Where is feminist education today? This is a question many people are asking, and I’d like to answer them in a book I’m putting together. Where do young people get to learn about feminism? And what the heck does feminism even mean to young people today? (and I’m talking about young, young people, not you 3rd year women’s studies person who might roll your eyes at my next set of questions. Maybe think of yourself before you got into women’s studies. Or if you ARE/WERE in women’s studies and think it’s kinda messed up, I’d like to hear about that too.) How come as a “theory” we don’t really hear about it unless we get to go to post-secondary type schooling, but in practice lots of us have been feminists of sorts throughout our entire lives. Why does it still look like a white-woman’s thing? Or not entirely sex-positive? What do young men have to say about it? Has there really been any intergenerational information sharing between those who might have “paved the way” and those who are thinking about identifying as feminists now?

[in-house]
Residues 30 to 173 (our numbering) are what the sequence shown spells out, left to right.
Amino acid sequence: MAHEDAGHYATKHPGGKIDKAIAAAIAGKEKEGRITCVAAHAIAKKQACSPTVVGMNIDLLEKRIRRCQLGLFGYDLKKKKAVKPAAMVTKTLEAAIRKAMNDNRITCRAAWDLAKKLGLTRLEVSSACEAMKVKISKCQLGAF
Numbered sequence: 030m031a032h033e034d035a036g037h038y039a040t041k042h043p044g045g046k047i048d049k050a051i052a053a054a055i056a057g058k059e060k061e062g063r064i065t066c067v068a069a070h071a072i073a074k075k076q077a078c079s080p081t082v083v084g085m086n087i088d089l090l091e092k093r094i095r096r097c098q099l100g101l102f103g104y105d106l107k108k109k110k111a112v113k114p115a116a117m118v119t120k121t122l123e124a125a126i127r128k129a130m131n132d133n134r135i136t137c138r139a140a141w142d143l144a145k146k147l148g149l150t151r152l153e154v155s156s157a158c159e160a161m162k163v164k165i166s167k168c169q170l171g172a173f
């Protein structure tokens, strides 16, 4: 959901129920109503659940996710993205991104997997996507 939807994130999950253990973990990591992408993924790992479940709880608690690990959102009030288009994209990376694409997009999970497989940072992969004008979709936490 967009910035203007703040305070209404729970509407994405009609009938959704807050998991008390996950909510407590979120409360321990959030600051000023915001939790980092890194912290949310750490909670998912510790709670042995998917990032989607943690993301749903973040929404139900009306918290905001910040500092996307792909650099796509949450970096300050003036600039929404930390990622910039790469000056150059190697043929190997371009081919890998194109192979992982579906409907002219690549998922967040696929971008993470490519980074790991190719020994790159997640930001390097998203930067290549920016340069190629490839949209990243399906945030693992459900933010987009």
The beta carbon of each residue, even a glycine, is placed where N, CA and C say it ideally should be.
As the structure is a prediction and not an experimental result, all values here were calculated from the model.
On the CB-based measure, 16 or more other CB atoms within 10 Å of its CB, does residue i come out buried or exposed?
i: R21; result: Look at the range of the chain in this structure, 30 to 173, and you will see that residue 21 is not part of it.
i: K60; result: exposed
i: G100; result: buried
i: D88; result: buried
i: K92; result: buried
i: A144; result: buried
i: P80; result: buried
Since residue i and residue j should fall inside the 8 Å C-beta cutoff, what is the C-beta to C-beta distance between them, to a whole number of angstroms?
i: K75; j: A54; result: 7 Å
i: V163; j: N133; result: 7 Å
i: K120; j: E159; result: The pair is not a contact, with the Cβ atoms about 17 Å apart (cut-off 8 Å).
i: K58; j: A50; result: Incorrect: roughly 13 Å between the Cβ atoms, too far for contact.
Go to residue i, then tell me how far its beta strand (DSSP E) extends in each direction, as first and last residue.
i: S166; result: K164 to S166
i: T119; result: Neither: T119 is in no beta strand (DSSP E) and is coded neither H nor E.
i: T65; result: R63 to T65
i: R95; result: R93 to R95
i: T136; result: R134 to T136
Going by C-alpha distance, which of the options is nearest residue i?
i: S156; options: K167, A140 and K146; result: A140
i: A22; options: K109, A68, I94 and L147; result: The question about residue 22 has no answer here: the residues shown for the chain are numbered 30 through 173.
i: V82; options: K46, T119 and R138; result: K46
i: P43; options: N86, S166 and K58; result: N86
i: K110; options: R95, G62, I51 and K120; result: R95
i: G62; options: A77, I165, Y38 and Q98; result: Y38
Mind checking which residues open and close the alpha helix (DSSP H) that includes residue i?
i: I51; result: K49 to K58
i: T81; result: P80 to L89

With the working title of “Feminist education now: youth, activism, and intersectionality” I’d like to talk about all these issues and everything in between. Don’t like the word feminism? Please be my guest and talk about that – or if it helps to use words like “womanist” or “humanist” instead, or working for women’s rights, women’s empowerment, girls stuff, etc. then go that direction. I’m really interested in talking about the intersectionality of feminist education and breaking down the barriers of what constitutes “education”, where that might be, and according to whom. Education does not have to solely be within a school or school-type setting – if it happened on the street, in your kitchen, if it’s not happening at all, if you want it to happen some particular place – I want to hear about it.
What do I mean by feminism? No I don’t mean that it’s just about women, I mean all identities/definitions/euphemisms/pseudonyms than the English language of the colonizer can do justice to. Expand your mind.
What do I mean by intersectionality? Think of a street intersection and put yourself in the middle. There are lots of things that intersect the way people identify – for example I identify as a woman, as Indigenous, as bisexual, as multiracial and all of those things and way more come into play when I think about the way I want to learn things, i.e. feminist education. For me, I don’t exist as just one thing or another. In this book - I’d like to know about how feminism intersects (or doesn’t intersect) who you are.